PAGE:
Semiconductor shortage threatens global automobile production

Semiconductor shortage threatens global automobile production
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The ongoing semiconductor shortage is threatening to impact the global automobile industry by causing production cuts.

According to American automaker Ford, the semiconductor shortage could reduce its first-quarter production by up to 20%. Ford's chief financial officer (CFO) John Lawler said that if the shortage continues through the spring, the firm's earnings could fall by $1 billion to $2.5 billion.


The shortage has been attributed to the move by leading semiconductor manufacturers in 2020 to reassign their capacity from automakers to producers of smartphones, gaming systems and other gadgets, as the coronavirus pandemic pushed down car sales while these items maintained high demand.

The average automobile uses between 50 to 150 semiconductors, particularly in driver assistance systems and navigation control.

Plant shutdowns and production cuts

Ford halted production at its factory in Saarlouis, Germany, from January 18 to February 19 due to the global semiconductor shortage and weak demand. The facility produces the Focus, the firm’s most popular car in Europe, and has about 5,000 employees.


A Ford spokesman said: “We are closely monitoring the situation and adjusting production schedules to minimize the effect on our employees, suppliers, customers and dealers across Europe.”

“At this time, we do not anticipate any similar actions at our other European facilities,” the spokesman added.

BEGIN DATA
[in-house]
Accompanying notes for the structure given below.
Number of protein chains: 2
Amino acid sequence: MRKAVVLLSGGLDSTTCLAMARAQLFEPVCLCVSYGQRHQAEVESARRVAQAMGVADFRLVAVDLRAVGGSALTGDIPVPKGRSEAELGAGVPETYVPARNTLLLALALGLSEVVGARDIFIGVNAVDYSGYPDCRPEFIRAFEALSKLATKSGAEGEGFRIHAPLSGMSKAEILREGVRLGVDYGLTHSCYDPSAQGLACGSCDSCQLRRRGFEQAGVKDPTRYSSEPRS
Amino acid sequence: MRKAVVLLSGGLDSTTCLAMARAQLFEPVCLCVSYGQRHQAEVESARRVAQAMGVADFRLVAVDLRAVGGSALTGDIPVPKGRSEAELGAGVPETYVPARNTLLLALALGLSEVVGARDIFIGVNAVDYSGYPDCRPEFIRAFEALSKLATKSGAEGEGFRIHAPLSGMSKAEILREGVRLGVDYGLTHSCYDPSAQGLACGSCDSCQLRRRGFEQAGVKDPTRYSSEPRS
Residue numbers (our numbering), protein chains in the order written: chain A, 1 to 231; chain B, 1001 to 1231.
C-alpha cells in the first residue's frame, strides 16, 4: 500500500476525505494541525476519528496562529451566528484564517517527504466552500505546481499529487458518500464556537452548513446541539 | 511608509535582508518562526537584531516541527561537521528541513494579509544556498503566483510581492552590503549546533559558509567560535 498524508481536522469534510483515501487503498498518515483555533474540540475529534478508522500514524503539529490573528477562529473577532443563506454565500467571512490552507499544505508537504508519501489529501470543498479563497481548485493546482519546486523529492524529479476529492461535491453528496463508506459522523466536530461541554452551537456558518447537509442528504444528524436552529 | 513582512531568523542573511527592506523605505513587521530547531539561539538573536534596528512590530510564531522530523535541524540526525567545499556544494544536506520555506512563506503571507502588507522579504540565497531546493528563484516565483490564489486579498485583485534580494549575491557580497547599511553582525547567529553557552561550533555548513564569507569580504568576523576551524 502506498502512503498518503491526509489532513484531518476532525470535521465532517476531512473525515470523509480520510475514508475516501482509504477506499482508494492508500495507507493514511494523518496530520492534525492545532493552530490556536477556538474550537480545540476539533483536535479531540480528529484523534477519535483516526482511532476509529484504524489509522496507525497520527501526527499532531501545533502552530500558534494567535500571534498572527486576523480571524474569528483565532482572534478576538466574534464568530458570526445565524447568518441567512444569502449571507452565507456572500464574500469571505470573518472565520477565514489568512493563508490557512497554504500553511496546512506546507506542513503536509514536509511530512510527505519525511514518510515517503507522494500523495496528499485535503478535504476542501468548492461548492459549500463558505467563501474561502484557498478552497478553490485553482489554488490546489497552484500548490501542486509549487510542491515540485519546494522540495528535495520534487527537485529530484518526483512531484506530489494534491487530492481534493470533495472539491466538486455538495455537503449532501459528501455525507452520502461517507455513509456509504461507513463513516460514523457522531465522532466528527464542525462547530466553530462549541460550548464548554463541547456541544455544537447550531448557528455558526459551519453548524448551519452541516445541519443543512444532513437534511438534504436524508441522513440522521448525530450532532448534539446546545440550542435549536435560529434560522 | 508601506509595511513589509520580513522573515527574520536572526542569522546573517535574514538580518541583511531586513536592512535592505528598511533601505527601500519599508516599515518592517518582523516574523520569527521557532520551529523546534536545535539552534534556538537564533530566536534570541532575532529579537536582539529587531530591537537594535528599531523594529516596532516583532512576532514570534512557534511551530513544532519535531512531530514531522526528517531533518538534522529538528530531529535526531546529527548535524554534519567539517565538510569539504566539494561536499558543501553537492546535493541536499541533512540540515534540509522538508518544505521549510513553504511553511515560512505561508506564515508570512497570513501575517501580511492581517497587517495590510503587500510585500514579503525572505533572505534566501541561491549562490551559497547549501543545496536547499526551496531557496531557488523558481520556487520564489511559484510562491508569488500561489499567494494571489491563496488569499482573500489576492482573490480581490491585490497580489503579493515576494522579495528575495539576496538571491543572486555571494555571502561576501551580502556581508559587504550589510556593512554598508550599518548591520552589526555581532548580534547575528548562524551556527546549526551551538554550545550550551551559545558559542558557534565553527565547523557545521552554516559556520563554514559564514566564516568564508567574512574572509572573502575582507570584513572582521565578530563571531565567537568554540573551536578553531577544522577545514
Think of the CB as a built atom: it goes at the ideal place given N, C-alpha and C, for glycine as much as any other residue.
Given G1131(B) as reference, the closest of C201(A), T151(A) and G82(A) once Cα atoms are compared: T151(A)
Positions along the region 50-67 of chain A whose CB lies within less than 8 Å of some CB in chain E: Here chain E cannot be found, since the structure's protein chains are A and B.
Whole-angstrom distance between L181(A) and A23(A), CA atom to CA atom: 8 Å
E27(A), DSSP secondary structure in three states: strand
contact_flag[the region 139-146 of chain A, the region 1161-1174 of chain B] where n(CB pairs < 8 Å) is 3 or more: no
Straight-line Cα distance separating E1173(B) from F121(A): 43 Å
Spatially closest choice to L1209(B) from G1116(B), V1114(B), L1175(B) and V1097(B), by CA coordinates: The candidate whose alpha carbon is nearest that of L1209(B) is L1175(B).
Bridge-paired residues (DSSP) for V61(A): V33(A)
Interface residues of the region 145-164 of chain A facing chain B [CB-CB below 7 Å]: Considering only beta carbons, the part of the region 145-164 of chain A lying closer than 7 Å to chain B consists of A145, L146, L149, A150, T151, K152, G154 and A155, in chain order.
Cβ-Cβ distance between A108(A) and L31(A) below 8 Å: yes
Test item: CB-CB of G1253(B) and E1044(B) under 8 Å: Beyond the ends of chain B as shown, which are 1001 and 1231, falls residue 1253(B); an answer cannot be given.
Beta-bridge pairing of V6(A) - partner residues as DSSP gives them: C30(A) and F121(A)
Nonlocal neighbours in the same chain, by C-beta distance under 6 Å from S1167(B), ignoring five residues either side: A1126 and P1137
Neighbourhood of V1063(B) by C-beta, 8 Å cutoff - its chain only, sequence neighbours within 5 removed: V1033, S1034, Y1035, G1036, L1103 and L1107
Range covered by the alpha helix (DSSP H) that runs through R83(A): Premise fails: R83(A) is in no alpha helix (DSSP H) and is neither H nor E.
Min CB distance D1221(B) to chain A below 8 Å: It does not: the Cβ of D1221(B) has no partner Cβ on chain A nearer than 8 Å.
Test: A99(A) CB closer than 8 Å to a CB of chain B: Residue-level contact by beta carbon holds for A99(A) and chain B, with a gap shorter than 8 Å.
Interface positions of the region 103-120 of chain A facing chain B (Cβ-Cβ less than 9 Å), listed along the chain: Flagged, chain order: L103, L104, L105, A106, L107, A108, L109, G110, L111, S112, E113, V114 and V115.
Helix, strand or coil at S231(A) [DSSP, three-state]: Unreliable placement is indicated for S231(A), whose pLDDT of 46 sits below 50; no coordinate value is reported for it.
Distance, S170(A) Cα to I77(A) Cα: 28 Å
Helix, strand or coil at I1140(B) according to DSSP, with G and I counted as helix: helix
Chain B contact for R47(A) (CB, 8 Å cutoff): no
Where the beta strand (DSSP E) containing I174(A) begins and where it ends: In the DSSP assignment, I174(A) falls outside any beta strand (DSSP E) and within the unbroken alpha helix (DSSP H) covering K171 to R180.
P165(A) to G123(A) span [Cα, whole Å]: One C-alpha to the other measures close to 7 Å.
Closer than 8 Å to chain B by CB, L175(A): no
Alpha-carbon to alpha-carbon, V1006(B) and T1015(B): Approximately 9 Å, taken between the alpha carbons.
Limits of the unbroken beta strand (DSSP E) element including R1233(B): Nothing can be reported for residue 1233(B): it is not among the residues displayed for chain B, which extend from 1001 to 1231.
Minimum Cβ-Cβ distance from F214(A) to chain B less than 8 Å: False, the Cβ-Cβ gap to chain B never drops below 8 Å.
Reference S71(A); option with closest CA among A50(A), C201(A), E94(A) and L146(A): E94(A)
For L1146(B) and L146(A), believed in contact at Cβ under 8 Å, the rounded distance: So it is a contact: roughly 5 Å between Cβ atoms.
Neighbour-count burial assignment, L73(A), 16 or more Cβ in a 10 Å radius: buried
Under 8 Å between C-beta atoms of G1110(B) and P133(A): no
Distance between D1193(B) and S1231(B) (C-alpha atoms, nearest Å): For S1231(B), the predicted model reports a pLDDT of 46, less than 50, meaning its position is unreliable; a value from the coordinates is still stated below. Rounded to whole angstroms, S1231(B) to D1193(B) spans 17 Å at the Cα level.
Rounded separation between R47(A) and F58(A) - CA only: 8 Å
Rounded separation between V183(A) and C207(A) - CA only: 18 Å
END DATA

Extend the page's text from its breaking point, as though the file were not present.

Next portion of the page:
Prior to this, the US automaker closed down a factory producing sport utility vehicles (SUVs) in Louisville, Kentucky.


Meanwhile, General Motors (GM) is shutting some plants in the US, Canada and Mexico next week due to the insufficient supplies. In a statement, the firm said: "Despite our mitigation efforts, the semiconductor shortage will impact GM production in 2021."

"We are currently assessing the overall impact, but our focus is to keep producing our most in-demand products — including full-size trucks and SUVs and Corvettes — for our customers," GM added.

Last month, Volkswagen said it will need to adjust production at plants in China, North America and Europe this quarter and this will affect production of the bestselling model, the VW Golf, as well as those from its Audi, Skoda and Seat brands.

Volkswagen Group purchasing manager Murat Aksel explained: “We are doing everything in our power to minimize lost production and to ensure that normal deliveries to customers can be resumed as rapidly as possible.”

According to Audi, it has furloughed 10,000 workers due to the chip shortage, which affected production and shift patterns at Germany and Mexico sites.

A spokesperson for Audi said: “We are currently looking at a range of countermeasures and alternatives designed to mitigate the impact of the supply bottleneck and, in turn, minimize the number of vehicles affected. Any improvement largely depends on the semiconductor industry.”

Outlook for the industry

Jessica Caldwell, executive director of insights at Edmunds, pointed out: "The current chip shortage poses a big threat of further slowdowns in production for the entire industry."

Mark Fulthorpe, executive director for the automotive team at IHS Markit, wrote in a research note: "Light vehicle manufacturers are finding increased disruption to the supply of systems using semiconductors in the first quarter. The situation is highly fluid."

This shortage is expected to disrupt carmakers’ recovery as research firm Bernstein estimates global vehicle sales to increase 9% in 2021 following the 15% decline last year.

Fulthorpe warned: "At this stage, with varying levels of visibility across the supply chain, the biggest volume disruption is noted in mainland China where, based on available information, the risk could be 250,000 units in the first quarter."